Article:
<Book review>

Tom Fletcher and the Angel of Death by Sarah Matthias (2008)

Did they really keep lions and other exotic beasts in cages in English monasteries in the early thirteenth century? Pretty tricky job, feeding time, wouldn't you think? It was certainly tricky for young Obadiah Pug, who perished:

Delilah licked her yellow teeth. The boy had tasted most peculiar, but then she had not tasted human meat before.

All very gruesome and, as it happens, unintended. But next time Delilah tastes human flesh, it is murder. Someone pushes Brother Benedict, Bursar and Keeper of the Beast House, into her cage, and locks it! And I don't think anyone would have bothered to get to the bottom of events at Saint Wilfred's Abbey if it hadn't been for young Tom Fletcher, Chief Novice and Amateur Sleuth, ably assisted by lively Bessie Miller. They make a good team. Tom can deal with events at the Abbey and Bessie can intervene in events in town. And they can meet to confer in the Swallow's Nest, a secret place on the Abbey roof, between gargoyles.

Not surprising, I suppose, to discover simmering hatreds and rivalries between the brothers in the monastery and quite disturbing to witness the townspeople's treatment of the Jewish moneylender. If you fancy an all-action murder mystery with some historical truths, then this is the book for you, provided you can dare to look:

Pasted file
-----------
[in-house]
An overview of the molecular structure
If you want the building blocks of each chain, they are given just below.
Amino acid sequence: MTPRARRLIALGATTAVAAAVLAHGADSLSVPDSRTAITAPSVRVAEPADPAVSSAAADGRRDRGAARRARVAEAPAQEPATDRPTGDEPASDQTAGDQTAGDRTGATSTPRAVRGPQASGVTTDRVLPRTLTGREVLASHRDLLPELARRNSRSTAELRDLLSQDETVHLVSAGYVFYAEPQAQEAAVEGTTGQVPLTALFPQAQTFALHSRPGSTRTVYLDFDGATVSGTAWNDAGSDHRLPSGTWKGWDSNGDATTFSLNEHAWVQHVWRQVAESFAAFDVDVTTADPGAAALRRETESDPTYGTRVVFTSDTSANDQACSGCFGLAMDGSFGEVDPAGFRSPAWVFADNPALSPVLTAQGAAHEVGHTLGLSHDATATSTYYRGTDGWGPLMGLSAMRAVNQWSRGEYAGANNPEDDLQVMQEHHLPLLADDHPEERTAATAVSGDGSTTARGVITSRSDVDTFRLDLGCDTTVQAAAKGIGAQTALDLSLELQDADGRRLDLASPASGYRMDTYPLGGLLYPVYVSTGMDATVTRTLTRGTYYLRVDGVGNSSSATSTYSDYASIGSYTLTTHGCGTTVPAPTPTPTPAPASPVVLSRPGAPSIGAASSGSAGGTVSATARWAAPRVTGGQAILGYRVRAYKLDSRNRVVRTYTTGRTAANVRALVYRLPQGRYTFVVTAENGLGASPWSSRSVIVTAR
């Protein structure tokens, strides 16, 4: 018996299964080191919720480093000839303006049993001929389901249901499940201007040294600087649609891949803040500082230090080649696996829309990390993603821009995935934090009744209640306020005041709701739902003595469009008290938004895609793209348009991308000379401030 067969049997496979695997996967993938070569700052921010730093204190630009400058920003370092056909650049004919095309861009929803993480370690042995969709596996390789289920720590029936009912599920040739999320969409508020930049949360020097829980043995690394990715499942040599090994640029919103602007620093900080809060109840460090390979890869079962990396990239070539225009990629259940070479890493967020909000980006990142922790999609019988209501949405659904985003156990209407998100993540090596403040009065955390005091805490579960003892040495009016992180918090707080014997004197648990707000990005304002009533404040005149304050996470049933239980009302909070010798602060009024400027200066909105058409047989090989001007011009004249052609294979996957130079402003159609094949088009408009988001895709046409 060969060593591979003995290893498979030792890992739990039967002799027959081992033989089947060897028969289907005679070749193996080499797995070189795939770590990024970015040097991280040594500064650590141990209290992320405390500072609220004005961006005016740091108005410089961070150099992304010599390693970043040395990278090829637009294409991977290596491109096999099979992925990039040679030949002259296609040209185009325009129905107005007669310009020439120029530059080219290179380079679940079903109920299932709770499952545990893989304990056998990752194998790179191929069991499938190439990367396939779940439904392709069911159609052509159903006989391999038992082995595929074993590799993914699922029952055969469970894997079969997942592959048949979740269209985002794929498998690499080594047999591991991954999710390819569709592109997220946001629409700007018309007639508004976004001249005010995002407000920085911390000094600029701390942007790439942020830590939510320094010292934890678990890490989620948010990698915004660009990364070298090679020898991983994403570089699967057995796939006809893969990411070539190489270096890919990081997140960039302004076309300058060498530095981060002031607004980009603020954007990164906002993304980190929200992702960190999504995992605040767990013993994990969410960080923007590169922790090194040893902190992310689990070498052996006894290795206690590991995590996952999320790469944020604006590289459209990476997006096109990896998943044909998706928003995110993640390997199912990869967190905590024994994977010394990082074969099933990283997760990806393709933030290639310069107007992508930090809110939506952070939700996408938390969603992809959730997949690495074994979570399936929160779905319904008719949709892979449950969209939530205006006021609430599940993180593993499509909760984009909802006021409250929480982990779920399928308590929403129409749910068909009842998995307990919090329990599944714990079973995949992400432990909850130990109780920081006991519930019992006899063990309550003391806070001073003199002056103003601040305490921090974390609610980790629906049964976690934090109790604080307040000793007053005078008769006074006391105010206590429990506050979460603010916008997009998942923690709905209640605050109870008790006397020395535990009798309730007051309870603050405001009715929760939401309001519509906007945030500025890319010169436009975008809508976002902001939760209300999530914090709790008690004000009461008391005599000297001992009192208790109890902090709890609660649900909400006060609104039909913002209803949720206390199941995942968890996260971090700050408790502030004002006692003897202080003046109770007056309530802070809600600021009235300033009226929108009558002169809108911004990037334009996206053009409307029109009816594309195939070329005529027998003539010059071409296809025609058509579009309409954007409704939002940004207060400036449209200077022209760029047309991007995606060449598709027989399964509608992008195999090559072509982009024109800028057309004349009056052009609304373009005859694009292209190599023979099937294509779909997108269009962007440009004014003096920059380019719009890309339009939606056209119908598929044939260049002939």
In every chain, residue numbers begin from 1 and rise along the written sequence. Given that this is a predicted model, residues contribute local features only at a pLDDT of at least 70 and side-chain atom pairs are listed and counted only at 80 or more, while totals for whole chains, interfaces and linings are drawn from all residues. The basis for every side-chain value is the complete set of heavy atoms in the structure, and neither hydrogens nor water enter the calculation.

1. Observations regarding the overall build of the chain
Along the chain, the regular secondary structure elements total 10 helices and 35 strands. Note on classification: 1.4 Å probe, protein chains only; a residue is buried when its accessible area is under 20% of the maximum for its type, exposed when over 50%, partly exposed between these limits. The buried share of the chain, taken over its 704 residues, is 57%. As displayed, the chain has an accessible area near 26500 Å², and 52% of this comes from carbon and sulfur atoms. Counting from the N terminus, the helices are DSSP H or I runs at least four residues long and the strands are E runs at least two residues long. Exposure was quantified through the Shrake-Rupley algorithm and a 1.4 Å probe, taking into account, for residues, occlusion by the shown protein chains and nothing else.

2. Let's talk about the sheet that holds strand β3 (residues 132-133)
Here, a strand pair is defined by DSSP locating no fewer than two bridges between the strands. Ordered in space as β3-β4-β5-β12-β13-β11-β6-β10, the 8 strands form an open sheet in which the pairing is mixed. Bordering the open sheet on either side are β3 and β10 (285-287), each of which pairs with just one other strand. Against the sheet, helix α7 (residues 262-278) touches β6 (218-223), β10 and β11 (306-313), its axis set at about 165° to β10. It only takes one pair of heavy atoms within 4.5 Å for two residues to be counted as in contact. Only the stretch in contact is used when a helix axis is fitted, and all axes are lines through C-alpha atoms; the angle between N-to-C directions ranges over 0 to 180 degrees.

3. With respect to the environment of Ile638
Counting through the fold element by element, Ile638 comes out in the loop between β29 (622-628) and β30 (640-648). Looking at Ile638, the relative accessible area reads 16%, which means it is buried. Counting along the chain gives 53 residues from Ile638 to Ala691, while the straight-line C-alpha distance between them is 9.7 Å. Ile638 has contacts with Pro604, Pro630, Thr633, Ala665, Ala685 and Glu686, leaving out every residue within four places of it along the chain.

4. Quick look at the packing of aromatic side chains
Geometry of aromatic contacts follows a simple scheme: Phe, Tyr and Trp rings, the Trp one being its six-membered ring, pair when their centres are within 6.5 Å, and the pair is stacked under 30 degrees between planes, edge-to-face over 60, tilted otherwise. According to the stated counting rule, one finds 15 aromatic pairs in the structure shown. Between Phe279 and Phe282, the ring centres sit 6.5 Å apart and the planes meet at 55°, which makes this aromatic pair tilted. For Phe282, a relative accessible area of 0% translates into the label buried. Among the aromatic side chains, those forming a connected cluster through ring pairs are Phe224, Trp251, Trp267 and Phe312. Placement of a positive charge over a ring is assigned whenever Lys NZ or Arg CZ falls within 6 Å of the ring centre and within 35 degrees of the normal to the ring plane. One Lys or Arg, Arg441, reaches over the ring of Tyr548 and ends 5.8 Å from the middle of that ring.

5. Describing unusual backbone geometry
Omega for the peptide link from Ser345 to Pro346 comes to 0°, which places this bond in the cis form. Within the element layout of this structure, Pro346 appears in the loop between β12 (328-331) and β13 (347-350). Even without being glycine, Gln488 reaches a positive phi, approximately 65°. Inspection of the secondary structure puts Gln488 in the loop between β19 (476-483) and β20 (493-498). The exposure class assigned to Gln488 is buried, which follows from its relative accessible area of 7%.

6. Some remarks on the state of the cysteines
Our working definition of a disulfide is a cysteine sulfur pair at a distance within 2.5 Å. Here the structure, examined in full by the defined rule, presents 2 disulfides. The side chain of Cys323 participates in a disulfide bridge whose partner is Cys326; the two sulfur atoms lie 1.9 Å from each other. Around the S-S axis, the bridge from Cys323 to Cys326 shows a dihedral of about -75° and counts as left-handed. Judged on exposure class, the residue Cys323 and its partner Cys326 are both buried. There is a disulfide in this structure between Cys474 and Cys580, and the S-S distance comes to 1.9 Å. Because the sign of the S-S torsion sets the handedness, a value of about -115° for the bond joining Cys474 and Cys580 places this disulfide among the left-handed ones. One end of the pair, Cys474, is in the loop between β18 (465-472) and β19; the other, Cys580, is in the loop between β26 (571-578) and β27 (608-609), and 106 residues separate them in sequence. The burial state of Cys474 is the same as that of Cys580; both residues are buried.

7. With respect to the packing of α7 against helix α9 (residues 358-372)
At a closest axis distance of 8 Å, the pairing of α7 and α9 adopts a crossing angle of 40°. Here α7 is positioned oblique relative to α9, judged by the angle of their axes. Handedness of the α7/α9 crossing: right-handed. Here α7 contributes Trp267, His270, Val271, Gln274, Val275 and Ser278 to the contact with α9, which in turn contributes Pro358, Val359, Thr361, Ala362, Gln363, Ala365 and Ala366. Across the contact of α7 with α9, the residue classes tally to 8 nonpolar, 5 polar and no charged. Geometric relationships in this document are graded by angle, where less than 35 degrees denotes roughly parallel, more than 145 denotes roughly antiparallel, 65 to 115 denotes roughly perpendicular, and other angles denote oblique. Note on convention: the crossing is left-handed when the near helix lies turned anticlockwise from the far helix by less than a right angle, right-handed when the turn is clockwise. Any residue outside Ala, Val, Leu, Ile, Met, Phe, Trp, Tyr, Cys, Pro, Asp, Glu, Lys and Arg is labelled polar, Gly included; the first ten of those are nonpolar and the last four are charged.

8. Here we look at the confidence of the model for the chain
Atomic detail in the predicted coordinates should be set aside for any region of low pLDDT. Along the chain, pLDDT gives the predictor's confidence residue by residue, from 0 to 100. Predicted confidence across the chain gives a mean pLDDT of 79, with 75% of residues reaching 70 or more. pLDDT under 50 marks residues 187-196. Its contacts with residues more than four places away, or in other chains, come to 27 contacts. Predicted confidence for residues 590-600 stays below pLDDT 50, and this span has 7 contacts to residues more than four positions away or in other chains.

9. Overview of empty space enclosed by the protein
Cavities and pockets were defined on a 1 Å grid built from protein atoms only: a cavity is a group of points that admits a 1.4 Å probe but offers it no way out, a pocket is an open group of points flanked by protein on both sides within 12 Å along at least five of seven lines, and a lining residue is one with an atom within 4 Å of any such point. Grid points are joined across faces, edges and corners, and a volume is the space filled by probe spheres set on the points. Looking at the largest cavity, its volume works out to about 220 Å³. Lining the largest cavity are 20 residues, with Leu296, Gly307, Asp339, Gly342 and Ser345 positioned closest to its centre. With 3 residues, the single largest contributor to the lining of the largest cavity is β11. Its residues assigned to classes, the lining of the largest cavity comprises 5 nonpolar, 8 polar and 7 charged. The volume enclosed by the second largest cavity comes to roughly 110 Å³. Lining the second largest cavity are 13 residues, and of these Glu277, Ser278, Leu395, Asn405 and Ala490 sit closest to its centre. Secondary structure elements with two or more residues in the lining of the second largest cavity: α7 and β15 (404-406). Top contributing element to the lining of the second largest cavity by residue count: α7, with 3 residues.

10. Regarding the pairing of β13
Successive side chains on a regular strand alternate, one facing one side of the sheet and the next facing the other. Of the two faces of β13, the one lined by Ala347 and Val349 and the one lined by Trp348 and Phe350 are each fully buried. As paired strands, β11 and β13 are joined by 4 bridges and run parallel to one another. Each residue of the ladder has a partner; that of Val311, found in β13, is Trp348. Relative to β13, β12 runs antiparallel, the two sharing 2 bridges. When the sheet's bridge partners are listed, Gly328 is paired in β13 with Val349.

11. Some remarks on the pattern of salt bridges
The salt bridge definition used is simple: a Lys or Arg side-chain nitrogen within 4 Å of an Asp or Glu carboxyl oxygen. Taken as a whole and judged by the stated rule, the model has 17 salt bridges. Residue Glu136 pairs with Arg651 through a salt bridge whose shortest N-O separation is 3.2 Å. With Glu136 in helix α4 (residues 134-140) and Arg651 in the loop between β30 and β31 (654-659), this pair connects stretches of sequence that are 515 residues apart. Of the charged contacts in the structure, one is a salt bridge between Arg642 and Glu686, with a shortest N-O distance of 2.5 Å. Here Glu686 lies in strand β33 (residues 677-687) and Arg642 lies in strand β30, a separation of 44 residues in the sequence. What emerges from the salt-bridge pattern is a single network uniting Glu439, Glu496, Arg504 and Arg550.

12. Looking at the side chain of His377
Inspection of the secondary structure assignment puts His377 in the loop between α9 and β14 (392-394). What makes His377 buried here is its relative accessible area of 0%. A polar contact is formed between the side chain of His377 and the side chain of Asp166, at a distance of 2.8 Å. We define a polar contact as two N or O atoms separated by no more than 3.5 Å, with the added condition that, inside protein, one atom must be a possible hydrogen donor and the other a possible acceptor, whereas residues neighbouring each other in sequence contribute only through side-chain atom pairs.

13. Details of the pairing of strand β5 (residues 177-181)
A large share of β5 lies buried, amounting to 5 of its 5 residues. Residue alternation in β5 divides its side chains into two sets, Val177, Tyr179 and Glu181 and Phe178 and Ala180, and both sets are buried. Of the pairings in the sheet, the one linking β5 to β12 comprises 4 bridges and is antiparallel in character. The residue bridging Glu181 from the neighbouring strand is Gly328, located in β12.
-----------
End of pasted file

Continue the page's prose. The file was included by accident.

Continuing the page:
'It's...it's...horrible...' Tom managed to whimper, before bending and vomiting over his sandals.
'Oh, my God,' whispered Herbert, his eyes transfixed by the bloody bundle of mangled flesh that had once been Brother Benedict. The body lay still now. No human sound came from the cage - only the noise of tearing sinew as the lioness consumed her freshly killed supper; only the slick lapping of her rough tongue, as Delilah licked the bursar's sticky blood from her lips.

Yucky.

What can I read next?

This is Sarah Matthias' second book. Have a look at the other one:

  • The Riddle of the Poisoned Monk
  • Tom Fletcher and the Angel of Death

If you enjoy a good mystery to solve, you might like to look at the Lady Violet series by Karen Wallace:

And if you really enjoy a good story in a historical setting, I can recommend this one by VA Richardson:

Or you could have a look at something by Chris Priestley:

Also, the Bookchooser has found these books with a similar profile:

Tom Fletcher and the Angel of Death features in these lists: